By Rebecca Seiling, CNAC Facilitator and Founder/Facilitator of Kitchener Forest School
A lot has happened since the first weekend of our Cambridge 2020 Modular Course! We gathered together February 22-23 at Cambridge Farm and Forest School for two days of learning together on the land. We are now gathering online to continue our learning until we can meet in person again.
As the dust settled from our time together, it was like I was shaking a gold-mining pan, looking for those nuggets that would remain after the fine sand sifted through. There were lots! But the ones I’ll share here have to do with rooting down into place and establishing our own eco-identity as practitioners – so that it oozes out of us into our practice with the explorers we lead. The land is central to our practice as forest school leaders, and our weekend helped to solidify the importance of that connection.
We were so grateful to have Jan Sherman, an Anishnaabe Knowledge Keeper, facilitate our time both mornings that we gathered. Many of the following gold nuggets come from this time spent listening, singing, and speaking together.
Connect with your own memories of land.
As practitioners, connecting with our own experiences of place helps us to connect the children to the land. We spent time doing this together – drawing, remembering, and talking (sometimes through tears) about our own cherished memories and identity in relation to land. We carved out space for play and creating, which also helped us start to form a relationship to this new place where we’re learning.
Connected people connect others. The more we can cherish and live this connection, the more we can share it with the young learners in our groups.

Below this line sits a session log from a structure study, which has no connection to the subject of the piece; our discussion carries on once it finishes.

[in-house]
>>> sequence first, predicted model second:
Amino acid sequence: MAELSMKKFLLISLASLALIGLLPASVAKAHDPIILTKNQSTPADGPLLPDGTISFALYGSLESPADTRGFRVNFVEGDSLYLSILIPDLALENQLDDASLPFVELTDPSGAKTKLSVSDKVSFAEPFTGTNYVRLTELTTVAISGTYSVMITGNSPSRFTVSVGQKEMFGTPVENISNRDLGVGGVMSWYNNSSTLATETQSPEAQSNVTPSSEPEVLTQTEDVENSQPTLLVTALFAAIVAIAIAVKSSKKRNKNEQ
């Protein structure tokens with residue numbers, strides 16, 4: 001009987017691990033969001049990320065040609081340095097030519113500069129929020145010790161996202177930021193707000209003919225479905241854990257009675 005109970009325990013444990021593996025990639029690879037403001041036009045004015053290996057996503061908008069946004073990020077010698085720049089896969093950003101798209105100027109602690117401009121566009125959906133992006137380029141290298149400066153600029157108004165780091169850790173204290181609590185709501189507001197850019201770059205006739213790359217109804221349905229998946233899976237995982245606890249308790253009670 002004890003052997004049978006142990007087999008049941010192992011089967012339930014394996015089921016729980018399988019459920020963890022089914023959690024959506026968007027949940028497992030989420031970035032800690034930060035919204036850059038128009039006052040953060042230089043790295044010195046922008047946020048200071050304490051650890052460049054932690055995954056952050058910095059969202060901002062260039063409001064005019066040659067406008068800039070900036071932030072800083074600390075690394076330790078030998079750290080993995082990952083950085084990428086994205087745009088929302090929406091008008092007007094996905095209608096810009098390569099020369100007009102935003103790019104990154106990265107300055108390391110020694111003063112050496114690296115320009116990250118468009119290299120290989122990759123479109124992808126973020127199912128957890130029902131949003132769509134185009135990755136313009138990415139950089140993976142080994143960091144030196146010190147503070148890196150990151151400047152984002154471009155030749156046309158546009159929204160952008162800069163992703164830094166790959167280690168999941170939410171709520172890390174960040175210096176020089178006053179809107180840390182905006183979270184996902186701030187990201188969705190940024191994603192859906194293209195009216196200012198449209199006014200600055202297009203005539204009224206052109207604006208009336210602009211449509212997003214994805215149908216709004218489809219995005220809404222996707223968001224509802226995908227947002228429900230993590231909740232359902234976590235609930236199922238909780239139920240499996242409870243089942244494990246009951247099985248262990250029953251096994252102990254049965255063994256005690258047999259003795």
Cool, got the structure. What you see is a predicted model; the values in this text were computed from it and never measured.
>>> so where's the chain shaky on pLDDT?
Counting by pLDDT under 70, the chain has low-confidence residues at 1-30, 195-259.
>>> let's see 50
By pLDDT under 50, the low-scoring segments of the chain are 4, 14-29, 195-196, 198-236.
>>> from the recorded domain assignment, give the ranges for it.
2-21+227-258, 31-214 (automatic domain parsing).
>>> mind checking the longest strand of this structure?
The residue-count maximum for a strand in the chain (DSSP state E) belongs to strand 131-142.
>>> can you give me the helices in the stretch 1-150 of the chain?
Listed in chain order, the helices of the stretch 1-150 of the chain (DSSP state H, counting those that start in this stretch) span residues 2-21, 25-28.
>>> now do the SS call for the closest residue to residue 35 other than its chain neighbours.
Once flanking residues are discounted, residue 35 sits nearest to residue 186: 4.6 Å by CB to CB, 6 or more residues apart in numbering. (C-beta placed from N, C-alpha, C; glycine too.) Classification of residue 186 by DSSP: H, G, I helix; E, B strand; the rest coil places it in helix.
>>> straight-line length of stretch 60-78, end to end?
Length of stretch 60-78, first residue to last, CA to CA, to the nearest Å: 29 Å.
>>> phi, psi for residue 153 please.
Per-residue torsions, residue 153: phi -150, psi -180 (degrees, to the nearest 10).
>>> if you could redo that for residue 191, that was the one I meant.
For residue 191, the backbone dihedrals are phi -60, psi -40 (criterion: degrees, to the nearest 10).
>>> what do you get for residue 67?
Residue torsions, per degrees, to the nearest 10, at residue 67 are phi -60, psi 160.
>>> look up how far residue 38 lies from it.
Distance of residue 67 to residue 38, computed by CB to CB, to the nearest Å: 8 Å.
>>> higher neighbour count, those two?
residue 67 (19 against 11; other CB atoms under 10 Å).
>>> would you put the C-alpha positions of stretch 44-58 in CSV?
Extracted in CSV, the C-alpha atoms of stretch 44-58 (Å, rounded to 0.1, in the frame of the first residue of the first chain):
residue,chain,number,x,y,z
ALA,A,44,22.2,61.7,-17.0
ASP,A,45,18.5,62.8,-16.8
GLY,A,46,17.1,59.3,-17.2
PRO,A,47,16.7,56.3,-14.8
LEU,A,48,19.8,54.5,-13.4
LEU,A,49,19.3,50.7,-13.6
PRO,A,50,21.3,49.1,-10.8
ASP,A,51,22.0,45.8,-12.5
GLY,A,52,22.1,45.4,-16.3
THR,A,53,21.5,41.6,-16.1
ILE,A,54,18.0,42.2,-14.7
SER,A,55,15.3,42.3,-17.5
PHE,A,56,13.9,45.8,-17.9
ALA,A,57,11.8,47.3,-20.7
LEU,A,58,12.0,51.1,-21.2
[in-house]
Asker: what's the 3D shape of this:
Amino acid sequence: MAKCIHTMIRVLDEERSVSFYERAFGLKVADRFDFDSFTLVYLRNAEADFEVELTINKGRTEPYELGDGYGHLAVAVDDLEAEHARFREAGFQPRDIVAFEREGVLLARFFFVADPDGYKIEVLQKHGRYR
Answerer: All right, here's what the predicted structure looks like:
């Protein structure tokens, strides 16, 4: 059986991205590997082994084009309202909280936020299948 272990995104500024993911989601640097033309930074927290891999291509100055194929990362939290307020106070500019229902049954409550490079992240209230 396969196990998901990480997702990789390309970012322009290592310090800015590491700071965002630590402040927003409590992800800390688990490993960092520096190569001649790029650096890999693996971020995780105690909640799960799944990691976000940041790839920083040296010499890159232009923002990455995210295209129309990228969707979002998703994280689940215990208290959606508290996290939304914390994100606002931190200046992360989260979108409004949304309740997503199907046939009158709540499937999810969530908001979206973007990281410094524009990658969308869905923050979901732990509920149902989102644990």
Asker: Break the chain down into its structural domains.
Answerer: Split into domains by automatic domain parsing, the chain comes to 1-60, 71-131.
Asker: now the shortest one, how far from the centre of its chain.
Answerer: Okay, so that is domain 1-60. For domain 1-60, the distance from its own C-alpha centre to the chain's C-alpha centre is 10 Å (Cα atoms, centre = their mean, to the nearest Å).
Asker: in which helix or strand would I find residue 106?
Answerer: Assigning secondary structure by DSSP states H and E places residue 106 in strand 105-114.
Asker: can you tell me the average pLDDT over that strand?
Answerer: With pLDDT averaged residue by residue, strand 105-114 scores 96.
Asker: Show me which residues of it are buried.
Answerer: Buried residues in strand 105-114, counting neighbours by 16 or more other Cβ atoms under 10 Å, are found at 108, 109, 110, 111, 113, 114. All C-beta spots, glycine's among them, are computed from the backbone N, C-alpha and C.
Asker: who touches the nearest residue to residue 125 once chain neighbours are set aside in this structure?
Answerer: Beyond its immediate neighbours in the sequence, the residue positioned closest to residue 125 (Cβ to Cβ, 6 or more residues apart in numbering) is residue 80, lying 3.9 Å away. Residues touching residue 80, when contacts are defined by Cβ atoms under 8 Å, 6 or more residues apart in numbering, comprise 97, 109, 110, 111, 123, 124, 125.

The language we use matters.
What are the pronouns we use to describe plants, creatures, the earth? When we call something “it” does this convey a loving relationship? How about she/him/they? Practitioner Emilie Borghese reflected: “I am grateful for the simple ways in which I can shift my practice to reflect Jan’s teachings in simple, yet profound ways: personifying the flora & fauna with pronouns, as an example.”
Which words describe a caring relationship that is reciprocal? Jan encouraged us to try to shift from the verb “steward” to “care.” Steward can imply a top-down approach where humans are the most important. If we use that word, then let’s also talk about ways that the earth stewards us. If I think of the earth as my parent/mother – I would never use the verb “steward” to describe how I connect to my mom. Jan taught us a song that begins: “The earth is our mother, we will take care of her…” This song reinforces this caring, loving relationship.
Converse with the earth.
In what ways do you speak and listen to the land? Jan encouraged us, “Introduce yourselves to the land. Speak your name, and then listen. What do you hear?” The lessons are there… we need ears to hear and patience to listen.
We also talked about our posture as we enter the land. When we want to pick a plant, or to make a fire, we often assume we can enter/harvest/make before asking permission. You are a guest on the land. How do guests behave? What is your posture?
Offer gratitude – through words, physical offerings, presence, care.
Giving to the land first gets us away from the “me first” mentality, and towards an “earth first” one. What can you offer to the earth to remind you of your reciprocal relationship and dependence? My co-facilitator Juwain St. John reflected: “I was thinking about water and how important it is as I start every day and that the earth should have that first offering.” Even pouring water on the land or a plant before drinking some ourselves can help us to remember that teaching.
Practitioner Katherine Taylor echoed this idea: “I was touched by Jan’s encouragement to thank the 4 elements at the beginning of each day, and I have been incorporating this into my gratitude practice.”
Sing to the water. Shout to the forest. Give thanks.
Jan told us that the land loves to hear us sing. During a water ceremony, she taught us a lullaby that translates to: “water, we love you. We thank you. We respect you.”
We ended our weekend by turning out towards the forest and shouting, “Thank you, Forest!”
What are the skills that help us move forward in our journey of becoming a land-based forest school practitioner? One that seems to be at the heart of who we are is developing a deep and growing relationship with the land, which can come through dedicated time and attention, approaching the land with a posture of openness, gratitude, and wonder.
Thank you, Forest!